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Celebrating 800 Episodes of PA Books

Posted By Brandi Hunter-Davenport, Friday, March 9, 2018
Updated: Tuesday, March 6, 2018

News from our partners at the PA Cable Network (PCN) as they prepare to celebrate their 800th PA Book! Show airs Sunday, March 11 at 7 p.m. 

 

Celebrating 800 Episodes of PA Books - For 2018, 18 Favorites

Written by Brian Lockman, PCN’s CEO & President

Hosting PA Books for the past 20 years has been more of a hobby than a job. It has offered me the privilege of spending an hour with hundreds of fascinating people who have written about Pennsylvania. And I hope it has enabled viewers learn something about their home state and, maybe, helped authors sell a few books.

Whittling more than 20 years of PA Books down to my 18 favorites was a very difficult thing to do. It would have been easier to pick my favorite 100, but here goes in no particular order.

1 – John Updike, author of “Buchanan Dying”

After many years of reading his novels, and after 10 years of requesting an interview, I was finally able to sit down with this literary legend. Very few writers have tackled James Buchanan as a subject, but he wrote both a book and a play about Pennsylvania’s only president. Updike was charming, humble, and fascinating. I was in awe.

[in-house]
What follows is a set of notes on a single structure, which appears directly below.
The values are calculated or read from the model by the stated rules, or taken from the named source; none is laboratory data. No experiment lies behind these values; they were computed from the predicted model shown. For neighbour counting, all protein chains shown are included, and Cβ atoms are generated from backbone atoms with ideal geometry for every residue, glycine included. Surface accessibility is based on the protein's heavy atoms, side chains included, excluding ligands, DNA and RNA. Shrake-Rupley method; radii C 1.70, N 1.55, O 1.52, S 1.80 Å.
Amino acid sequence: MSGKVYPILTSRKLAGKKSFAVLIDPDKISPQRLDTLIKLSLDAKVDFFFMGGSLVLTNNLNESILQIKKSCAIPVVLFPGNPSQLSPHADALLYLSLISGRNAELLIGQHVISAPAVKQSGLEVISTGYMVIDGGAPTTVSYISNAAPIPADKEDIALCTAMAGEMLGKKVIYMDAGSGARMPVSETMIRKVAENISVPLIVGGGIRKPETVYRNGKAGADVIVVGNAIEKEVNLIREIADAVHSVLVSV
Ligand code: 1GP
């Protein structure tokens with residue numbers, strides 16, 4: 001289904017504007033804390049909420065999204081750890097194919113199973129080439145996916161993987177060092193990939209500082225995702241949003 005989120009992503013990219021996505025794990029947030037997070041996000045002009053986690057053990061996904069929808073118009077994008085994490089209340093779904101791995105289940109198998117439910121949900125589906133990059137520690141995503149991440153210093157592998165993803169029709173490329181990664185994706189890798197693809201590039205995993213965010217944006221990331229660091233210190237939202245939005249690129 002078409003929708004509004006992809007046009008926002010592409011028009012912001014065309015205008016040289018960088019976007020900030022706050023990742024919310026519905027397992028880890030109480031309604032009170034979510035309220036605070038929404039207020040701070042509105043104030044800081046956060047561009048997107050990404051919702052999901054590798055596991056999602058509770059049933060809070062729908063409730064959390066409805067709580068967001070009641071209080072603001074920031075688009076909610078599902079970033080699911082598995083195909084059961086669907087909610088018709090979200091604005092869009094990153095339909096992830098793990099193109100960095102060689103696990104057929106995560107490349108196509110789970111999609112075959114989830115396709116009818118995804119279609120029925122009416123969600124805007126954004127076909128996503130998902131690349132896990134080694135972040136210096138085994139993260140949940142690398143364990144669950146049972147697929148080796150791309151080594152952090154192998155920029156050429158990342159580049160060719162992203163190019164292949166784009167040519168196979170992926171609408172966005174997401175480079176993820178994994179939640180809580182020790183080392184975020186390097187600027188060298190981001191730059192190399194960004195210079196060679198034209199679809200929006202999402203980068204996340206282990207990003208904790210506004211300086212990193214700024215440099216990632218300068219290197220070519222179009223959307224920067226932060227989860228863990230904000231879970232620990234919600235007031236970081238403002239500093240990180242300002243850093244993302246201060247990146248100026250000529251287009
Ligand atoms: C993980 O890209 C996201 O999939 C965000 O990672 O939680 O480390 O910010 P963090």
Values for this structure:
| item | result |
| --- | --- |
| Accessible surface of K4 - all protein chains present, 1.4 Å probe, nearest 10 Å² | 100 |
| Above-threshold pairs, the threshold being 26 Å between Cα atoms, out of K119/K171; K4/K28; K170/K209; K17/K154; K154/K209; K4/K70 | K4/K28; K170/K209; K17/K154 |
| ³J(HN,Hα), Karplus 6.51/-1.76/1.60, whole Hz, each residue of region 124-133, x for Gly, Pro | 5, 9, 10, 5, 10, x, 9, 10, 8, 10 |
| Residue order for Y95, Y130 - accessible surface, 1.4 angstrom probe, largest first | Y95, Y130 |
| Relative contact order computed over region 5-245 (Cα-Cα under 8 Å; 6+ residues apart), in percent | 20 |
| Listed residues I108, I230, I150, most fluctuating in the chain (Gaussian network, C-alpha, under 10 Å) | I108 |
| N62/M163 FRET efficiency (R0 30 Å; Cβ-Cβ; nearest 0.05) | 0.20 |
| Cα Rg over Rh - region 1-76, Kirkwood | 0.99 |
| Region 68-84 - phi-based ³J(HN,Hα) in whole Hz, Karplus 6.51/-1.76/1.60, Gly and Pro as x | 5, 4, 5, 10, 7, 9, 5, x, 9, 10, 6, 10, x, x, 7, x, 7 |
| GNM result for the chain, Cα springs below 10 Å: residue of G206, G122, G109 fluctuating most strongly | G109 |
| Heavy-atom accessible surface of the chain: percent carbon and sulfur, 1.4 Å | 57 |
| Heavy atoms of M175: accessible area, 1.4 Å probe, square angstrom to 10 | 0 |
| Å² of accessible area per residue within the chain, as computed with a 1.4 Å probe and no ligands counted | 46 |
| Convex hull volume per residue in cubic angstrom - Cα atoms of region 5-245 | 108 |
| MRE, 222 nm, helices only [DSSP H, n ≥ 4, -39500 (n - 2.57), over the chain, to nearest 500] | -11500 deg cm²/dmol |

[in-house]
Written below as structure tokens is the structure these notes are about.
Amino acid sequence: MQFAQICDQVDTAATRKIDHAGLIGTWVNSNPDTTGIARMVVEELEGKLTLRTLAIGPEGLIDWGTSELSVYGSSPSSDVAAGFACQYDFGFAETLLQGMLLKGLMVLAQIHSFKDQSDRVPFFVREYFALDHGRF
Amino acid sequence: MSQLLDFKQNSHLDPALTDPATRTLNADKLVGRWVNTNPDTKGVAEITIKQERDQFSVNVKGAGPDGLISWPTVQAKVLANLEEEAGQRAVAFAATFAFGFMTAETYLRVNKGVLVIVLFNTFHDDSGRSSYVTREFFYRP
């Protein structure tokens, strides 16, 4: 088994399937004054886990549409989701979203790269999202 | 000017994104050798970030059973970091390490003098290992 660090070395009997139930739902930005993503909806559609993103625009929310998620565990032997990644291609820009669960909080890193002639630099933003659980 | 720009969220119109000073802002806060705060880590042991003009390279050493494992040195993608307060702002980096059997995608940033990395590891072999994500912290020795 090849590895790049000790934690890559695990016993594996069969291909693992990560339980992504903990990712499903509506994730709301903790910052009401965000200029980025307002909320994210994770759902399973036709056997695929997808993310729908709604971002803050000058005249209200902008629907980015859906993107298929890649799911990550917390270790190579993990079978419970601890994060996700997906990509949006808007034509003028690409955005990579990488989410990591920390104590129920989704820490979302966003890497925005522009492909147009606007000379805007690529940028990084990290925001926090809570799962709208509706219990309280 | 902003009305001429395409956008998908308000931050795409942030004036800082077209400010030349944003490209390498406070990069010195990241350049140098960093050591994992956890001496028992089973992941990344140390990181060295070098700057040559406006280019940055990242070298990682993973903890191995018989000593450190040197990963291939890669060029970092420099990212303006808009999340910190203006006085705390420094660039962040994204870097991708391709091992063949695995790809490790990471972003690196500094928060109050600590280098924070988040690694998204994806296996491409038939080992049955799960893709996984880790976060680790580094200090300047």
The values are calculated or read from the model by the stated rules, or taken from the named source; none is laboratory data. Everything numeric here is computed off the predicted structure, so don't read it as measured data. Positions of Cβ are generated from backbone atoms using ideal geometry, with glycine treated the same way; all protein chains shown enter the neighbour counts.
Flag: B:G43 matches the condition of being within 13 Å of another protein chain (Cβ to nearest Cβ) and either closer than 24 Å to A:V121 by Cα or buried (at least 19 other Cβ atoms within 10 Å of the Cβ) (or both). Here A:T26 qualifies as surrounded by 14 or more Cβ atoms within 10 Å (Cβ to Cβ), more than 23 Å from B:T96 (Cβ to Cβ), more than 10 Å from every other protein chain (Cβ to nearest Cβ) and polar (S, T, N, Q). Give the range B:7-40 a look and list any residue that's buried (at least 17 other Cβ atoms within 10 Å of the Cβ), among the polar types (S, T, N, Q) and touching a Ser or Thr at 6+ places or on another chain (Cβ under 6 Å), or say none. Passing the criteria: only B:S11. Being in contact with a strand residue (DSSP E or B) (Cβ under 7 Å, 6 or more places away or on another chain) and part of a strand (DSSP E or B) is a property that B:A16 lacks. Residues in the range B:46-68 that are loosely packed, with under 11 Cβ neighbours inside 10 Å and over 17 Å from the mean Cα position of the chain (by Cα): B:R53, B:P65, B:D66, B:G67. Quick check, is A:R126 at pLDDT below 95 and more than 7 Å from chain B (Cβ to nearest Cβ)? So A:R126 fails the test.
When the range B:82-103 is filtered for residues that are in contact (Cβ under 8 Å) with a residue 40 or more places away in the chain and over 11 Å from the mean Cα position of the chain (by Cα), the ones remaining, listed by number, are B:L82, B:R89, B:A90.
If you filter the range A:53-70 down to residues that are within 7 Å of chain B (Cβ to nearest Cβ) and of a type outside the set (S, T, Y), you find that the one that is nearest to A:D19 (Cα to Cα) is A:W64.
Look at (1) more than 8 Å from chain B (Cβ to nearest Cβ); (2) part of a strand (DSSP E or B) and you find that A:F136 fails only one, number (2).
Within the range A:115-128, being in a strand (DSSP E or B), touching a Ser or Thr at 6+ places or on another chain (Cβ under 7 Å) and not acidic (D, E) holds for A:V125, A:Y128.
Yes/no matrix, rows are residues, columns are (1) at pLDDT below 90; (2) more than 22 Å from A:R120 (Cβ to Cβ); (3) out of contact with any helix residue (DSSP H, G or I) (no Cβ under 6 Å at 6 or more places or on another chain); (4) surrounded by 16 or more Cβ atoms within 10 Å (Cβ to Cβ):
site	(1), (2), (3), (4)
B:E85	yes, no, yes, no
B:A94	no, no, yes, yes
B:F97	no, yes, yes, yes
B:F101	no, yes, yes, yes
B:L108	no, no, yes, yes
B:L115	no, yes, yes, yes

2 – Dick Boak, author of “Martin Guitar Masterpieces”

Some of the finest guitars in the world, including the ones my wife and I play, are made by C.F. Martin & Company in Nazareth, PA. Dick Boak was director of artist relations there, so he would work with Neil Young, Paul Simon and the like to design guitars to their specifications. After the show, he let me play a guitar owned by Eric Clapton. It had been sent to Martin for some repair work. That made my daughters think they had the coolest dad in the world.